FDA Plans To Commission Institute of Medicine Evaluation To Examine Agency Prescription Drug Safety Procedures
FDA on Friday will announce plans to commission a "major evaluation" by the Institute of Medicine on agency procedures for the detection of and response to safety risks posed by prescription drugs, "mainly those that are already on the market," the Wall Street Journal reports. FDA also will announce plans to hold a series of public meetings on prescription drug safety issues; to finalize three documents that provide guidelines on how pharmaceutical companies should identify medication risks, address potential problems and minimize risks after treatments reach the market; and establish a procedure to resolve scientific disputes among agency officials.
FDA will make the announcements in part as a response to the recent withdrawal of the COX-2 inhibitor Vioxx over safety concerns and to how the agency has addressed concerns about the potential risk for suicidal behavior among children who take antidepressants. In addition, several scientists have called for more FDA research on prescription drug safety issues.
Steven Galson, acting director of the FDA Center for Drug Evaluation and Research, said, "This is a complex problem that has been around for a long time. There is no easy fix." He added, "It's very important to consider the risk with the benefit" of prescription drugs. Galson said that that the FDA budget for efforts to monitor prescription drug safety has increased to $45.7 million in fiscal year 2004 from about $21 million in FY 2000. He said that FDA is "willing to consider any recommendations" from IOM (Wilde Mathews, Wall Street Journal, 11/5).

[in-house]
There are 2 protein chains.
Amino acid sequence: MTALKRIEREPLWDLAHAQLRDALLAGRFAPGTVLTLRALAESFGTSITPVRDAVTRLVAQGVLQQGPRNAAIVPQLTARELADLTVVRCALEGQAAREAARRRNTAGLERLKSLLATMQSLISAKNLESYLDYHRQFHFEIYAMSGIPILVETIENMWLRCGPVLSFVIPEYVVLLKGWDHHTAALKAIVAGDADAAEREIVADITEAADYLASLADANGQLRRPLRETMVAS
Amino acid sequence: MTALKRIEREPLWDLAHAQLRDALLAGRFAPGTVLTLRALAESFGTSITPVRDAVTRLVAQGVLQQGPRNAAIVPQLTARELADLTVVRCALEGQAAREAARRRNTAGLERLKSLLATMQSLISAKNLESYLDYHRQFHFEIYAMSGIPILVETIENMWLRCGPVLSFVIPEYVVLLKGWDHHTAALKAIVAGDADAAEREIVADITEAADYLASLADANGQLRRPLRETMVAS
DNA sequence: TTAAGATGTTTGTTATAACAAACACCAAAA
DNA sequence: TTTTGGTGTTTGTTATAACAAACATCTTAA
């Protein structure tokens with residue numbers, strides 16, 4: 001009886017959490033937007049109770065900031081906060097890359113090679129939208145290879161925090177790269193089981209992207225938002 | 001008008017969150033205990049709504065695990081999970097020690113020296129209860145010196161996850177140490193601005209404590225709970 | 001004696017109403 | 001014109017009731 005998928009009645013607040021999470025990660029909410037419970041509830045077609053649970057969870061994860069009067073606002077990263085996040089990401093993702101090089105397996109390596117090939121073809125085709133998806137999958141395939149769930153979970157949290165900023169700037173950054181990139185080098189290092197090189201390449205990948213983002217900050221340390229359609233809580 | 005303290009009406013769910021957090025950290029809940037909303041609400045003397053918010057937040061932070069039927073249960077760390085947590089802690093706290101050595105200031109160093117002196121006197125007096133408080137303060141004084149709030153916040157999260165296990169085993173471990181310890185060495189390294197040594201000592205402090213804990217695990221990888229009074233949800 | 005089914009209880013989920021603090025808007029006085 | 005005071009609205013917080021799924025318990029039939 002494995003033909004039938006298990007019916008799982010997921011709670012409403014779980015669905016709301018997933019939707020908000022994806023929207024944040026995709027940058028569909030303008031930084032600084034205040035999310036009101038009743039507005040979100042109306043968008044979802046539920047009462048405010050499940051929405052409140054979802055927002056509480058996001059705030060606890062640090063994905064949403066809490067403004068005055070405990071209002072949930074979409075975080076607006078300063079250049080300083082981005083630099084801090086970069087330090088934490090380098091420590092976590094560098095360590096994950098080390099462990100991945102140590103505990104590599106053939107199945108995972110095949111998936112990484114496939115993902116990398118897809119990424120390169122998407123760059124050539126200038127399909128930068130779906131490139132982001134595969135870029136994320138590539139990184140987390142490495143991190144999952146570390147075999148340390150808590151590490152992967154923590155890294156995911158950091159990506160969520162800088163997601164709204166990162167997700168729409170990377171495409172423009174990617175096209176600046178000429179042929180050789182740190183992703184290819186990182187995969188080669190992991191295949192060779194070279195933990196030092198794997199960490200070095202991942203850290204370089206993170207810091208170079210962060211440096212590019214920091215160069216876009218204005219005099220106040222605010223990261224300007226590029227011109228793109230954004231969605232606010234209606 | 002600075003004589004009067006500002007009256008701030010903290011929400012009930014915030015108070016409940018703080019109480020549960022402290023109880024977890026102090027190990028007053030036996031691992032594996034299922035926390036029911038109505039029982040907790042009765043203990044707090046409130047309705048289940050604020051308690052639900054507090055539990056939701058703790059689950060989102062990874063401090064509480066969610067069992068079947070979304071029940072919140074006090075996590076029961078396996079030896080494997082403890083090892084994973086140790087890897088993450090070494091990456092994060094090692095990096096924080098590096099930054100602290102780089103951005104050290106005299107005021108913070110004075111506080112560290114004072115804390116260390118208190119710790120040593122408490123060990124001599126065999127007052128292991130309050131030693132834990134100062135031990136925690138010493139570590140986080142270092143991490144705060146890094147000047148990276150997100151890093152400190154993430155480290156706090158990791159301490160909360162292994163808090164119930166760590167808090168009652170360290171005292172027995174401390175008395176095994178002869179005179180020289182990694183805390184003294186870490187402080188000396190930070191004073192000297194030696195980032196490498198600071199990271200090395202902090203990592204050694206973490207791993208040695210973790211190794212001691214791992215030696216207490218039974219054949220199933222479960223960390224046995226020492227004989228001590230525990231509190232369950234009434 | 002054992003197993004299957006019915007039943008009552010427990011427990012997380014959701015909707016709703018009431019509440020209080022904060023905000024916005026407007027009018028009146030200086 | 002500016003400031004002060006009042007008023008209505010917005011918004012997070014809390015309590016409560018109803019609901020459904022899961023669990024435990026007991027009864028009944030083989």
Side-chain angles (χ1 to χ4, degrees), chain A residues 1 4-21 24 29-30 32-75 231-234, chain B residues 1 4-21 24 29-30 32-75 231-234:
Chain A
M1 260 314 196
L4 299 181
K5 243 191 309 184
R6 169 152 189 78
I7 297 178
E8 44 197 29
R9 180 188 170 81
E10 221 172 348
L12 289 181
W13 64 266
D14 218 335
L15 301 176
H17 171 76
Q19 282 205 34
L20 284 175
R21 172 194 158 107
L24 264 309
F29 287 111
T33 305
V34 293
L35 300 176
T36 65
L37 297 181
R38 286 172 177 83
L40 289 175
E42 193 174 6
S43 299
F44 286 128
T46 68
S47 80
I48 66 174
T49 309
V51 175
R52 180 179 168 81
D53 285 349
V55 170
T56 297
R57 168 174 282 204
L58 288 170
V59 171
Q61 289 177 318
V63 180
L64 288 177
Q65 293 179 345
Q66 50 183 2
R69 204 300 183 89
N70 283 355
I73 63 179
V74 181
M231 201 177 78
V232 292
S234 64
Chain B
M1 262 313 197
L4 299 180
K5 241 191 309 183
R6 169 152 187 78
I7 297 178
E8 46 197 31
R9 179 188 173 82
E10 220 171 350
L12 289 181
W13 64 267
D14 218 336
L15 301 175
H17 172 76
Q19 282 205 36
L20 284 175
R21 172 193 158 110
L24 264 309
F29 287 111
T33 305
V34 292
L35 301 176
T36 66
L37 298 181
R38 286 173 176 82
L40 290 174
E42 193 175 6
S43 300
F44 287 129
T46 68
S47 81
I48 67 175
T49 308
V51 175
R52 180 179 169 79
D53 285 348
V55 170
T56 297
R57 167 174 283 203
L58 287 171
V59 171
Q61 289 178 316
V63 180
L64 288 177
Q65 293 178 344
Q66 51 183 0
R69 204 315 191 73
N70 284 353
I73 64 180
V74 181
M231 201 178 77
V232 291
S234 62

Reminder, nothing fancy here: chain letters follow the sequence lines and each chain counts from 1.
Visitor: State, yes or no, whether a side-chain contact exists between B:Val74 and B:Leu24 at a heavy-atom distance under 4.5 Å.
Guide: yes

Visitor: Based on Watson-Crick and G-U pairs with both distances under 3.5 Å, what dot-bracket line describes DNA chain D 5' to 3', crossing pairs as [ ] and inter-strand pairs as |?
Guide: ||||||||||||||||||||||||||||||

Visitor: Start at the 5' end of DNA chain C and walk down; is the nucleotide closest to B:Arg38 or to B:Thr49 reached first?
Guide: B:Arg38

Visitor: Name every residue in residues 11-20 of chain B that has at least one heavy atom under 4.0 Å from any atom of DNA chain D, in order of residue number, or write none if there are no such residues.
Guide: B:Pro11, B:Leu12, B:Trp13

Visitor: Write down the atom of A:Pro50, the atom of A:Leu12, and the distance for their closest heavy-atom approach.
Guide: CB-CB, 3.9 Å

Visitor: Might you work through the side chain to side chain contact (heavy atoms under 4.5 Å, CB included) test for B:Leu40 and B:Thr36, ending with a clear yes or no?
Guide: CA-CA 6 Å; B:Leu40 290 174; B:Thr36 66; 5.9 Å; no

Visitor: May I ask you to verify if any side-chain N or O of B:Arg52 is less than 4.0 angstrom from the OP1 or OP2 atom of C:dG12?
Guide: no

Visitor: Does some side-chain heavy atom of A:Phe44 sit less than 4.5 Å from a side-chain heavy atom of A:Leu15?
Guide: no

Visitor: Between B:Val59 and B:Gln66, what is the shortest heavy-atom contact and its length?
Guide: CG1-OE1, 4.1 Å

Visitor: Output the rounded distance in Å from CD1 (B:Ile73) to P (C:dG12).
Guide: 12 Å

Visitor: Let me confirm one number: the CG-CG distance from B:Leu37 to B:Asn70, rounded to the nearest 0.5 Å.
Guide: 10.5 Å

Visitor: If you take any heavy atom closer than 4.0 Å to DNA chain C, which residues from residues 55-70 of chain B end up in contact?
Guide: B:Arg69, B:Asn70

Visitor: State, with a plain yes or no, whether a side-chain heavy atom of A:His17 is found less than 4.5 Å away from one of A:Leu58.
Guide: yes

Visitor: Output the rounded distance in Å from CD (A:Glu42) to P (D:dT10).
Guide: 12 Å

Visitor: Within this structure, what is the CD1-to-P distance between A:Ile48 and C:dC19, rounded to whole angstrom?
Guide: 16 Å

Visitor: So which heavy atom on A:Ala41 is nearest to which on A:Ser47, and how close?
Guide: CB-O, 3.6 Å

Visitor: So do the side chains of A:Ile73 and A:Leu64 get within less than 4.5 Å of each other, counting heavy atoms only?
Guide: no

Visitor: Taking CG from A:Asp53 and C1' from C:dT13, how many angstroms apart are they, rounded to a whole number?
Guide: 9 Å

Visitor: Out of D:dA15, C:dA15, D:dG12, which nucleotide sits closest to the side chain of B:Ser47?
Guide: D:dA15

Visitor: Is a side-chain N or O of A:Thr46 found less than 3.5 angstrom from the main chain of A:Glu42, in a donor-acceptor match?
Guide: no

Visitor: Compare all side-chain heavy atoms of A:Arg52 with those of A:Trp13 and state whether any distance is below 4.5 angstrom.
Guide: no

In related news, FDA officials on Thursday announced plans to establish a system to identify potentially dangerous and mislabeled dietary supplements and promised to "aggressively" find companies that market "misleadingly labeled products," the Washington Post reports. Under the plan, FDA will require dietary supplement manufacturers to provide "competent and reliable scientific evidence" to substantiate claims made on product labels. FDA officials also said that the agency plans to improve the process for the collection of "signals" of potential adverse events in individuals who use dietary supplements.
FDA announced the plan amid criticism that the federal government has "reacted too slowly" to the health risks posed by dietary supplements such as ephedra and androstenedione, which this year were removed from the market as a result of health concerns, the Post reports. FDA acting Commissioner Lester Crawford said in a statement, "These initiatives refine the direction the agency is taking to regulate dietary supplements. We now have a clear road map to share with the dietary supplement industry, while at the same time giving consumers a higher level of assurance about the safety of dietary supplement products and the reliability of their labeling."
FDA on Nov. 15 also plans to hold a public meeting to discuss the evidence that the agency should require for ingredient notifications. Under a 1994 law, most dietary supplements do not require FDA review or approval; however, some new ingredients require a pre-market report on potential safety risks (Kaufman, Washington Post, 11/5).